Baby Naming Traditions Around the Globe
By Abigail Cukier
As we all know, choosing a name for your baby can be a daunting task. Many factors come into play – trends, tastes, opinions from relatives. But parents are also often guided by religious or cultural traditions. Here are some naming customs from around the world.
Personally, when naming my own children, we had to be careful not to choose anything too similar to that of a loved one, because for Ashkenazi Jews this goes against tradition. We usually name a baby after a deceased relative. Some will use the full name, while others use just the first letter. For example, I am named after my grandfather, Arthur.
This is to honour loved ones who have died but also to a superstition. The old belief was that there might be a mix-up and the angel of death might take the baby instead of the older relative.
On the other hand, among Sephardic Jews, who originated in Spain or Portugal, it is actually an honour to name a child after a parent or living relative.
Babies usually receive an English and a Hebrew name. Some parents translate the child’s secular name while others choose a separate Hebrew name.
A boy is named on the eighth day after the birth during the bris (ritual circumcision). Loved ones have the honour of carrying the baby and often the grandfather holds him during the ceremony. A girl is named in the synagogue, where the father reads from the Torah (Bible) and the baby and mom are blessed.
A Chinese name has three characters and the first character is the last name. For example, if the father’s last name is Leung, the first character of the child’s name is Leung. Siblings usually share the second character. A child with an English name usually has the Chinese characters as his middle name.
In Islam, babies are most often named after someone of importance in the religion, such as a prophet or messenger. You will often see Muslims with the Arabic names of such significant individuals as Muhammad, Ibrahim (Abraham), Isa (Jesus), Musa (Moses), Fatima (a daughter of Muhammad) or Aisha (a wife of Muhammad).
While there is no compulsory naming ceremony in Islam, it is customary for the child to be named on the seventh day after birth, along with the Aqeeqah, which is a celebration where family and friends thank God for the child’s birth.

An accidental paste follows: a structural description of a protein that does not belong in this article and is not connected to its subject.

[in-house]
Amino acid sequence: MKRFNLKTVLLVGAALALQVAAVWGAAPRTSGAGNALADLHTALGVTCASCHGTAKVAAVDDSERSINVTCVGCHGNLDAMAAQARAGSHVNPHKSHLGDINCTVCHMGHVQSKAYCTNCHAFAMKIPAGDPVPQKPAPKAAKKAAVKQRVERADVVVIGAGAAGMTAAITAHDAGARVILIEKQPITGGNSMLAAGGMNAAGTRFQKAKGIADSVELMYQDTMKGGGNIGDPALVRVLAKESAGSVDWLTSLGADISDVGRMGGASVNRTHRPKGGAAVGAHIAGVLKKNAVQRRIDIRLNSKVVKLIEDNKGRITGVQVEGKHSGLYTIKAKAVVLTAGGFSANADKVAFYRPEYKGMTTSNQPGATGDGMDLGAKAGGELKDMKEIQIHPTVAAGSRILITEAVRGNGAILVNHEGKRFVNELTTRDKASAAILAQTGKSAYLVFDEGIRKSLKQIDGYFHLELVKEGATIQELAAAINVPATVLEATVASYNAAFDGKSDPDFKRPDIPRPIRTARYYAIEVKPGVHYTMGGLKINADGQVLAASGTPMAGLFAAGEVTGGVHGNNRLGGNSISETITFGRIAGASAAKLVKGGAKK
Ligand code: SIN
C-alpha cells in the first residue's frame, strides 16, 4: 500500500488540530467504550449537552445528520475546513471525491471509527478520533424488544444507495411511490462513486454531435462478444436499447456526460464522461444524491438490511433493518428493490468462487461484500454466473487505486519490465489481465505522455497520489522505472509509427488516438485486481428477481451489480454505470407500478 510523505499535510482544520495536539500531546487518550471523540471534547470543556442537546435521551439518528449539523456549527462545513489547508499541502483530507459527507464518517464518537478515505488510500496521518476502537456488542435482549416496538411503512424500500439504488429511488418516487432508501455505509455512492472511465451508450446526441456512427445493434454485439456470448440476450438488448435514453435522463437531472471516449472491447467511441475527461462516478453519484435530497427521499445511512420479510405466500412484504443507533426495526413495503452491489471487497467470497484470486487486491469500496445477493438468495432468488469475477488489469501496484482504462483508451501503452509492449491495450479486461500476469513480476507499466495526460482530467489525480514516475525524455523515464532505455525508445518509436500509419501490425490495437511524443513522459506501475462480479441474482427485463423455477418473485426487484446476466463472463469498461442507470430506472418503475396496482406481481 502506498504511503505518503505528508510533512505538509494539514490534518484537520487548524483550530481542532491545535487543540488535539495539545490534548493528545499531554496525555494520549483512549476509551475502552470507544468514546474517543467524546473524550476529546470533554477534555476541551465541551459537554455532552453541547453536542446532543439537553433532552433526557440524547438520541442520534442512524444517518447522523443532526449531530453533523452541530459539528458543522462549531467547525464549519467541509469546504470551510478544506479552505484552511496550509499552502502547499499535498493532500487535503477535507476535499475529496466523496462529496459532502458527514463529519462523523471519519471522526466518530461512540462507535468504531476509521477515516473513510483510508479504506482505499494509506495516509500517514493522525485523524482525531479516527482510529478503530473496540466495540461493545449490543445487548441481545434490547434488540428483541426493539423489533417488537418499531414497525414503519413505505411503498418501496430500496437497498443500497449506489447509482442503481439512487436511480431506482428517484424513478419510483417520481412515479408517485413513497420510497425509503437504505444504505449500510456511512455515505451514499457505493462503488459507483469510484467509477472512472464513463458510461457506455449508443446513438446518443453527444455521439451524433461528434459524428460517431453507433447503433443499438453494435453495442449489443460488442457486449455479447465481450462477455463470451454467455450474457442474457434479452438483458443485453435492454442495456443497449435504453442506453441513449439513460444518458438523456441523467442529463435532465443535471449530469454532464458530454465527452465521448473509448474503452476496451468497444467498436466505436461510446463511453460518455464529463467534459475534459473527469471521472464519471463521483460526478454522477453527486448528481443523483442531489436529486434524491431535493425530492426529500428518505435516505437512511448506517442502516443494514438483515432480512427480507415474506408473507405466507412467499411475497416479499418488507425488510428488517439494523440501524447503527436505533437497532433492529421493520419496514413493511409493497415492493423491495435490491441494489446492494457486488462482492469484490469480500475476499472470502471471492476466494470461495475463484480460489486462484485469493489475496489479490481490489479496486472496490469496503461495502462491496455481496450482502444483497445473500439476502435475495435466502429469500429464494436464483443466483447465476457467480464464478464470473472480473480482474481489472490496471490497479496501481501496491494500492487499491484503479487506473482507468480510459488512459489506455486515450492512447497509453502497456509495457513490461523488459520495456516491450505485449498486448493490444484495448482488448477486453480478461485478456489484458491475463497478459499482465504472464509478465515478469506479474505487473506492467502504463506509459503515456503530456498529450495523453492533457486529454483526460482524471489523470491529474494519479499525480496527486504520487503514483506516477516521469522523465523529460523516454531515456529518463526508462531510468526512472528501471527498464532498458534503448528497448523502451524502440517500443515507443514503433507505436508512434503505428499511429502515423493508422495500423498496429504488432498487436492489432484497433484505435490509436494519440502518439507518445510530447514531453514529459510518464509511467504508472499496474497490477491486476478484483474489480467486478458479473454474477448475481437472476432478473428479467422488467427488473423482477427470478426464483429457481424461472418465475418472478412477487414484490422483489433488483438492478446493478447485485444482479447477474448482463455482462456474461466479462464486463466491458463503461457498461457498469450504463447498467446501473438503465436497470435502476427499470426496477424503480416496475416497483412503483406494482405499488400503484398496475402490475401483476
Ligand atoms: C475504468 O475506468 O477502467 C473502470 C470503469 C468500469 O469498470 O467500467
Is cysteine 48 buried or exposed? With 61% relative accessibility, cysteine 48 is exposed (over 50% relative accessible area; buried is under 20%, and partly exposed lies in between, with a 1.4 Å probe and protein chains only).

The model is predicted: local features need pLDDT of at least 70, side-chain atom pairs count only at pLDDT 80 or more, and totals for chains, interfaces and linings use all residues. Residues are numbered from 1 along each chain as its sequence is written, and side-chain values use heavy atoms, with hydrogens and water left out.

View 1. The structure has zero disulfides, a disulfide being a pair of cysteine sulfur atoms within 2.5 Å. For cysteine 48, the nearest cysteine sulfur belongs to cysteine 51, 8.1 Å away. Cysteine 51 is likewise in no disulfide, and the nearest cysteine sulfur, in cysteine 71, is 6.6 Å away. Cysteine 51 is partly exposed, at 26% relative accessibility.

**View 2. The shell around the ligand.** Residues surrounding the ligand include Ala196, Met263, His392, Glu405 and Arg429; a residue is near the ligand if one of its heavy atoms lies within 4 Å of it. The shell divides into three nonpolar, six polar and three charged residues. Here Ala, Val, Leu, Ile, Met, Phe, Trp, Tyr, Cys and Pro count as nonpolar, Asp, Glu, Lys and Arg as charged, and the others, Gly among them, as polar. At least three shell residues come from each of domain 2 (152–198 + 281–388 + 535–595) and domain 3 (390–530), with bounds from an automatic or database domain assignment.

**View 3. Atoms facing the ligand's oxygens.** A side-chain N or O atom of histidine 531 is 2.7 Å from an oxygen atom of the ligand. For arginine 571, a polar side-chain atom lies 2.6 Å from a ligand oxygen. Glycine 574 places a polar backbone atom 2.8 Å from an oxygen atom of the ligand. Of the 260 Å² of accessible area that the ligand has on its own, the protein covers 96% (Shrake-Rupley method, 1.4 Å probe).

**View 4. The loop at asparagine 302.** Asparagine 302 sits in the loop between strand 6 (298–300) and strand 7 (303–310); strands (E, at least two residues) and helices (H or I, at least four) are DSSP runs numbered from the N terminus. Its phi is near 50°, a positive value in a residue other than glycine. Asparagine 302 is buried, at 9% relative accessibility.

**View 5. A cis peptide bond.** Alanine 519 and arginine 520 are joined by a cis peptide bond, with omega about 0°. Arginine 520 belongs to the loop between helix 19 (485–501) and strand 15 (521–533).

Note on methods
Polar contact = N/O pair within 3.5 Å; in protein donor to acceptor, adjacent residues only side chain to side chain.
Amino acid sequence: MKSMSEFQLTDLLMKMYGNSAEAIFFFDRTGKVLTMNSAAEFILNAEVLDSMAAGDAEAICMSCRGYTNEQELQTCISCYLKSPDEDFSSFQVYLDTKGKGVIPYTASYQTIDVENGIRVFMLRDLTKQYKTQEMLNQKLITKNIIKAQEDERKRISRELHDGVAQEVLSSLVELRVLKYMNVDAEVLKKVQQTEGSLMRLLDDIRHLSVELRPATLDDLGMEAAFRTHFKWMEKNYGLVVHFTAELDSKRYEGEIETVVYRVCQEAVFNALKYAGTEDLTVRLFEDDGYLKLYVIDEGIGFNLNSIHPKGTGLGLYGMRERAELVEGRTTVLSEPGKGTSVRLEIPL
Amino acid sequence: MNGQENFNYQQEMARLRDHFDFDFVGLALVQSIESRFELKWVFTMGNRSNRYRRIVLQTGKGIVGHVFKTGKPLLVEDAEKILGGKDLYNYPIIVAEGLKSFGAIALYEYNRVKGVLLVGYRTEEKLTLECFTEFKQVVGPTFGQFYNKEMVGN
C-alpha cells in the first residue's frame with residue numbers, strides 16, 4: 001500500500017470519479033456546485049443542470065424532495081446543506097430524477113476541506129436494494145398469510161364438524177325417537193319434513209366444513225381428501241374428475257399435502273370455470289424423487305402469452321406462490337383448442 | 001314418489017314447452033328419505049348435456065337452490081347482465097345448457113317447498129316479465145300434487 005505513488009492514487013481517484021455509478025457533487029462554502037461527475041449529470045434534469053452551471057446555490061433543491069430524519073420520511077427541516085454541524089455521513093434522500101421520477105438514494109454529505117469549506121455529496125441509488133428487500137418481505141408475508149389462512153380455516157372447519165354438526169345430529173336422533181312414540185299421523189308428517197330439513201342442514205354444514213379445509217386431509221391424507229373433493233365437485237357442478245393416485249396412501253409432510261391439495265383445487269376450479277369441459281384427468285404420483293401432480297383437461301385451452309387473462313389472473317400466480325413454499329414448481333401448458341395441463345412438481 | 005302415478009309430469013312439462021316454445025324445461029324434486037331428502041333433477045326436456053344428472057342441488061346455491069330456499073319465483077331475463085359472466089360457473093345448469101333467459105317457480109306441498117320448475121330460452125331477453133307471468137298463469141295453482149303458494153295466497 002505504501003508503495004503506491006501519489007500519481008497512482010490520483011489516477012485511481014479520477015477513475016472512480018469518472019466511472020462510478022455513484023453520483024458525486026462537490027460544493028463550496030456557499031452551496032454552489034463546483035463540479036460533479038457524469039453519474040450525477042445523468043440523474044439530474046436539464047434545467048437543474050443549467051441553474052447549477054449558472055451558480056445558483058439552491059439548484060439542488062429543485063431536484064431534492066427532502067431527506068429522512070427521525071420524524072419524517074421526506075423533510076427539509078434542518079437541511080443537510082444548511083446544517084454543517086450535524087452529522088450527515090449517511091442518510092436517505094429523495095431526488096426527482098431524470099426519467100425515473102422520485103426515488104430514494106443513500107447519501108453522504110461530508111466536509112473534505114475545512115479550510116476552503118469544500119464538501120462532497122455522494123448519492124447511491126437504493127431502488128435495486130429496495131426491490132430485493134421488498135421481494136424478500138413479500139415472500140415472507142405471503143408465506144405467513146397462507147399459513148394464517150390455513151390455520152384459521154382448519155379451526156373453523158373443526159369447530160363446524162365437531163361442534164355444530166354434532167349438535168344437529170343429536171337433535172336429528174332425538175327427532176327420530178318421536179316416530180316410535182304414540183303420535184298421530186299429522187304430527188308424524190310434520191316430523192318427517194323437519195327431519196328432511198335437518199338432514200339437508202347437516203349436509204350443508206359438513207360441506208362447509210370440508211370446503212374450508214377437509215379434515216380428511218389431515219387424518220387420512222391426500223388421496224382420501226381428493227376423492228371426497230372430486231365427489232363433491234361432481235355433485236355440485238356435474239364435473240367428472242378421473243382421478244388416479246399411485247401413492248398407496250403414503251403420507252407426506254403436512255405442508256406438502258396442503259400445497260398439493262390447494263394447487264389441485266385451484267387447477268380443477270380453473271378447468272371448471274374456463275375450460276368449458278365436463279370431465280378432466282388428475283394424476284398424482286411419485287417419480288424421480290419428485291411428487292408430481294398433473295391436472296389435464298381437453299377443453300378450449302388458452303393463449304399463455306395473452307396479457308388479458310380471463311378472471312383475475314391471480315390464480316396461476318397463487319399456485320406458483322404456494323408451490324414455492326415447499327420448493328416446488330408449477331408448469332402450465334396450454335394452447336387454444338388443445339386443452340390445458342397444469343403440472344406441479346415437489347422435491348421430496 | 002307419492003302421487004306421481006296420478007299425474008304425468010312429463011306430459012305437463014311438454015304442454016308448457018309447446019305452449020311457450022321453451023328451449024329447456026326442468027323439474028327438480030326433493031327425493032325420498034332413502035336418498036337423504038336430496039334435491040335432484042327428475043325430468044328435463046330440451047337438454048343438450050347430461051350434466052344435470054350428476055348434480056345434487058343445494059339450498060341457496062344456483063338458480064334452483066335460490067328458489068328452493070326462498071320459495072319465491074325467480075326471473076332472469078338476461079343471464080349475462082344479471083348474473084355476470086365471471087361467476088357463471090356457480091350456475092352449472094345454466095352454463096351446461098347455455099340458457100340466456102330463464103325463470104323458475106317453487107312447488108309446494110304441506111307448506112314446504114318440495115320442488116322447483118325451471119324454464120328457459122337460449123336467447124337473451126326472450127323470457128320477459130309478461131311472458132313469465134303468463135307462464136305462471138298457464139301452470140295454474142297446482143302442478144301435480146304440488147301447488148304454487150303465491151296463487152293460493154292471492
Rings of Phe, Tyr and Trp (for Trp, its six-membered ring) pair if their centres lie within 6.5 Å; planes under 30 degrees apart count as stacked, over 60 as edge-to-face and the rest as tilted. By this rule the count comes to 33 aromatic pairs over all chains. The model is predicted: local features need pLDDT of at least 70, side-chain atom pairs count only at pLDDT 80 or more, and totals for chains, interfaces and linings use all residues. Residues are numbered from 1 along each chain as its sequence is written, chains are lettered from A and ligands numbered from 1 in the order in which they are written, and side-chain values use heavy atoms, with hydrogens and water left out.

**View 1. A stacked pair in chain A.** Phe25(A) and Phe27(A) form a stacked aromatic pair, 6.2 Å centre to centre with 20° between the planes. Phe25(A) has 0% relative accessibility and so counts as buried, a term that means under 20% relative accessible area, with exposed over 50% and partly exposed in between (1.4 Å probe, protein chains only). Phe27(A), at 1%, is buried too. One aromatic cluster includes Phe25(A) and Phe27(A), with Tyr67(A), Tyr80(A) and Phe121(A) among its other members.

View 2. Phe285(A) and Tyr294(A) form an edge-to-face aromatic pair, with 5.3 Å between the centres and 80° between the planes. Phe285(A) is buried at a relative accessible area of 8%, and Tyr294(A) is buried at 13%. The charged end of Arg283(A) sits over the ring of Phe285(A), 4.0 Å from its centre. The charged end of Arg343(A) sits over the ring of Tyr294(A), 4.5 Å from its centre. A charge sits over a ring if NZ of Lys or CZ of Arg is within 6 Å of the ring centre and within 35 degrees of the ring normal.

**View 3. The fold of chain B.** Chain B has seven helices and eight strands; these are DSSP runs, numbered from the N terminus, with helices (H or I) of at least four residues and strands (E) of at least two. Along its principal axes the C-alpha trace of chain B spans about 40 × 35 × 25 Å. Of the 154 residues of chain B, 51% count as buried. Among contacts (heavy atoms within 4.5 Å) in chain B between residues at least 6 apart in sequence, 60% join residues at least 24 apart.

Italians usually name their children after their grandparents. That is why you’ll often find “a million Valentinos or Giulios” in one family, says my friend Patricia Tomasi, an Italian-Canadian. She says her in-laws have recycled those names for generations. Babies are also likely to have several middle names to honour requests from both sides of the family.
Naming traditions in Kenya often reflect the time of day, day of the week, the weather and the child’s position in the family.
In the Marigoli tribe, the oldest member of the family performs the naming ceremony. The first-born male is named after the paternal grandfather, while the first-born female is named after the paternal grandmother. After that, it moves to the mother’s family. That person is influential in the child’s life, teaching them values and morals.
In the Hindu religion, the naming ceremony is usually held after the first 10 days of a baby’s delivery. Mother and child are bathed traditionally and prepared for the ceremony. A priest, relatives and friends are invited to bless the child.
The mother wets the baby’s head as a symbol of purification. In some communities, the baby is handed over to the paternal grandmother or father who sits near the priest during the ritual.
A letter of the Sanskrit alphabet associated with the child’s lunar birth sign is chosen, which is believed to be lucky for the baby. The baby receives a name starting with that letter.
A child can be named after the deity of the month in which they were born or the name of the family deity. Some communities name the first child after the paternal grandparent or the father.
Usually, the father whispers the name four times in the right ear of the baby. After the naming, the relatives put a few drops of honey or a pinch of sugar to the baby’s lips.
In Japan, on the baby’s seventh day, family and friends hold a celebratory feast. Japanese girls are usually given names relating to virtues, like being obedient or good. The “ko” often found at the end of girls’ names is a feminine ending and means child. Boys’ names often reflect their position within the family. For example Ichiro means “first son.” Japanese people also put their family name in front of their given name
In Guatemala, about 65 per cent of the population is Mayan. When a Mayan child is born, he is taken to a community elder who consults the Mayan calendar of 260 days. This calendar combines a cycle of 20 named days with another cycle of 13 numbers to produce 260 unique days. The elder considers the energy of the year and of the day. A boy’s name is preceded by the number of the day he is born in and a girl has IX, which means woman or feminine energy.